Albus had arrived at Hogwarts under the burden of unwanted notoriety. Scarcely a year previously, his father, Percival, had been convicted of a savage and well-publicised attack upon three young Muggles.

Albus never attempted to deny that his father (who was to die in Azkaban) had committed this crime; on the contrary, when I plucked up courage to ask him, he assured me that he knew his father to be guilty.

Beyond that, Dumbledore refused to speak of the sad business, though many attempted to make him do so.
In Memoriam, The Deathly Hallows

Be honest but let the past remain in the past, don’t let it define you, or steer people’s view of you, and consequently how they react to you, and so determine the opportunities which form around you.

Kendra Dumbledore and, a short way below her dates of birth and death, and her daughter Ariana. There was also a quotation: Where your treasure is, there will your heart be also.
Godric’s Hollow, The Deathly Hallows

A quotation from the bible, placed by Dumbledore upon his mother and sister’s grave.

In Dumbledore’s greed to be master of Death and possessor of all of the Deathly Hallows, the cloak, the stone, and the powerful Elder wand, his sister Ariana dies. He chose lust for power and status signalling possessions over caring for his troubled sister.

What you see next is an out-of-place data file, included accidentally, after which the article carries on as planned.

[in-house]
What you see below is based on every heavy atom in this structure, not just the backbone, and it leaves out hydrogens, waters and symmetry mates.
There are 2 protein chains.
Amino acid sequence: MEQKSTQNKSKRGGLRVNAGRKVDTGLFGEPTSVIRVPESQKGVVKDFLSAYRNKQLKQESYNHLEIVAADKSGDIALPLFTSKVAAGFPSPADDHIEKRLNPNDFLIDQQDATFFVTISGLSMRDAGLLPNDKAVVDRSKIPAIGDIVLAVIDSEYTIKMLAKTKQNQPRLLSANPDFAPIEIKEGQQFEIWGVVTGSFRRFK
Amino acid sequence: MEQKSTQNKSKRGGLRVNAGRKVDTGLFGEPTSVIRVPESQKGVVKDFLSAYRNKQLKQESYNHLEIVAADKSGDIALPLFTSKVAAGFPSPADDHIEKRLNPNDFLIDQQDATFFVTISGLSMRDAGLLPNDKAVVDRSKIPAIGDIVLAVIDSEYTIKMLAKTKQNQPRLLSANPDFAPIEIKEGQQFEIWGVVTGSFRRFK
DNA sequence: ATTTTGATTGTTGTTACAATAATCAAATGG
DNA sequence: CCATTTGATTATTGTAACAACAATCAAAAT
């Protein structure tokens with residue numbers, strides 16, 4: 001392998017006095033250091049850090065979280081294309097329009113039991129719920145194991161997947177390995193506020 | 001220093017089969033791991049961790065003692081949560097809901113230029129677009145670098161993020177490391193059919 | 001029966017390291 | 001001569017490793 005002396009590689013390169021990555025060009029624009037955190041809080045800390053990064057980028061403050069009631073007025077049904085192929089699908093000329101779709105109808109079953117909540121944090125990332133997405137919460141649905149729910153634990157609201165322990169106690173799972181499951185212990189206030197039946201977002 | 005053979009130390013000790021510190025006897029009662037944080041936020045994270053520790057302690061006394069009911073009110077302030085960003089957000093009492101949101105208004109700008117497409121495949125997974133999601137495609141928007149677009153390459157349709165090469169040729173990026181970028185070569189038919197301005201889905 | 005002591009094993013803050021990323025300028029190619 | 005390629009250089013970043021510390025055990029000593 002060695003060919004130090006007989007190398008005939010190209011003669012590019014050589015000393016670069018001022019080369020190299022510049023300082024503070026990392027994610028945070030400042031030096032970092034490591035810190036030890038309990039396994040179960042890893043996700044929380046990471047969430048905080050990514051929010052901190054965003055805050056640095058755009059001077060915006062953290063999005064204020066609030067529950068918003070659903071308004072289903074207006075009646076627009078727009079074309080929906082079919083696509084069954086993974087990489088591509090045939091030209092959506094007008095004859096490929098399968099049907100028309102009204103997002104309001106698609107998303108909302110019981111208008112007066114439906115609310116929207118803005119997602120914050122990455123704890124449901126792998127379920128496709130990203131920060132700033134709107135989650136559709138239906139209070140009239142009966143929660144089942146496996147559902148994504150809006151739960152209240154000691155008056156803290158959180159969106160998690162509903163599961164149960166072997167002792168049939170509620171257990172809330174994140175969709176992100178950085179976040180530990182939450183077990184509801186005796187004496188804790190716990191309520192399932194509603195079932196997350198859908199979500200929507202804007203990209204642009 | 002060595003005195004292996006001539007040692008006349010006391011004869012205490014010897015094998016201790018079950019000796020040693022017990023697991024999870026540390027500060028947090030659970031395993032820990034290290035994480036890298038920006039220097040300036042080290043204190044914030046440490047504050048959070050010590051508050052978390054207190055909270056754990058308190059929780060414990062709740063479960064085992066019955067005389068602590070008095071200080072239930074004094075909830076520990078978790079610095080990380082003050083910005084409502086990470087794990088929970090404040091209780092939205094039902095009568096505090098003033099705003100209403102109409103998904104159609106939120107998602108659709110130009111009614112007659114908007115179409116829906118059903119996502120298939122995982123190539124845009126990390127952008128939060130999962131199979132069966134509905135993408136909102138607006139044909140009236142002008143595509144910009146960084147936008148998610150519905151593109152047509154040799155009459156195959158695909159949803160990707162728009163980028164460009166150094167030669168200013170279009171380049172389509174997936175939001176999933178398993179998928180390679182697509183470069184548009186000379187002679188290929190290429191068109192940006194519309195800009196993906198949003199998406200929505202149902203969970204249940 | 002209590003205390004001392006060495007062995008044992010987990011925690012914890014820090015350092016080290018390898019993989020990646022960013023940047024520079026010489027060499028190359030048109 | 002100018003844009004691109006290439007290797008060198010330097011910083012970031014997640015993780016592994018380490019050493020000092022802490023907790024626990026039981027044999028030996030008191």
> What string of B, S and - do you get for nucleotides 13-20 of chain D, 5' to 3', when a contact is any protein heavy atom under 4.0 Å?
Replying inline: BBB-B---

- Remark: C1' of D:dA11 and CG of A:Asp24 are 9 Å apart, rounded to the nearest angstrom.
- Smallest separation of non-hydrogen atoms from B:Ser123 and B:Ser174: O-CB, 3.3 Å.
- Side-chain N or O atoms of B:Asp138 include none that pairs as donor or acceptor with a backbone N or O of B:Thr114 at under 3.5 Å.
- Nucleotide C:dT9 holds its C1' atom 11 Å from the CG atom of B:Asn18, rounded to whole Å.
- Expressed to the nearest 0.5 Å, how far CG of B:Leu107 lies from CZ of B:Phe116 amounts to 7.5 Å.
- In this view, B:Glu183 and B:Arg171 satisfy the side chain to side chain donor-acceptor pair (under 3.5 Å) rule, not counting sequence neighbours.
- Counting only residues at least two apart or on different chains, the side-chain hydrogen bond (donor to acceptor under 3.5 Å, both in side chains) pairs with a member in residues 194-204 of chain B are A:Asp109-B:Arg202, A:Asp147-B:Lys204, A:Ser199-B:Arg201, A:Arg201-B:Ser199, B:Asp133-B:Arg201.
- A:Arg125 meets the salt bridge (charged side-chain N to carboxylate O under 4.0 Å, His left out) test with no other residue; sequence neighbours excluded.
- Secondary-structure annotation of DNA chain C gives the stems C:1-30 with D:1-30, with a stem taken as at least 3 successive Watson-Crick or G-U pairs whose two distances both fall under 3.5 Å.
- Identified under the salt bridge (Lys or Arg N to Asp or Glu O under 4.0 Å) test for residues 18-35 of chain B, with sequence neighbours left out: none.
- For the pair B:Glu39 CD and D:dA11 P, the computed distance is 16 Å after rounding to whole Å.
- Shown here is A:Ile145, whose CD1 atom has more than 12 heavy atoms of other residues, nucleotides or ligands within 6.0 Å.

Dumbledore learns his lesson and decides he is unfit for power, unfit to be minister of magic, and places his treasure in friendship and caring and trust of those around him. Indeed he cares for Harry’s well being so much he jeopardizes his plan to defeat Voldemort’s efforts to establish a tyranny.

Do not pity the dead, Harry. Pity the living, and, above all, those who live without love.
King’s Cross, The Deathly Hallows

Those who are uncared for are pitiful. The homeless on the street, with their sometimes gruff manners, are so uncared for that they suffer in the heat and rain and cold. Pity can do no good for the dead, but concern for uncared for living will be appreciated.

Snape lived without love and his attitudes and manners became repellant. The good humour of people may be steadily eroded by a lack of care, ‘why should I care for your pleasant passage when you do not care for me?’.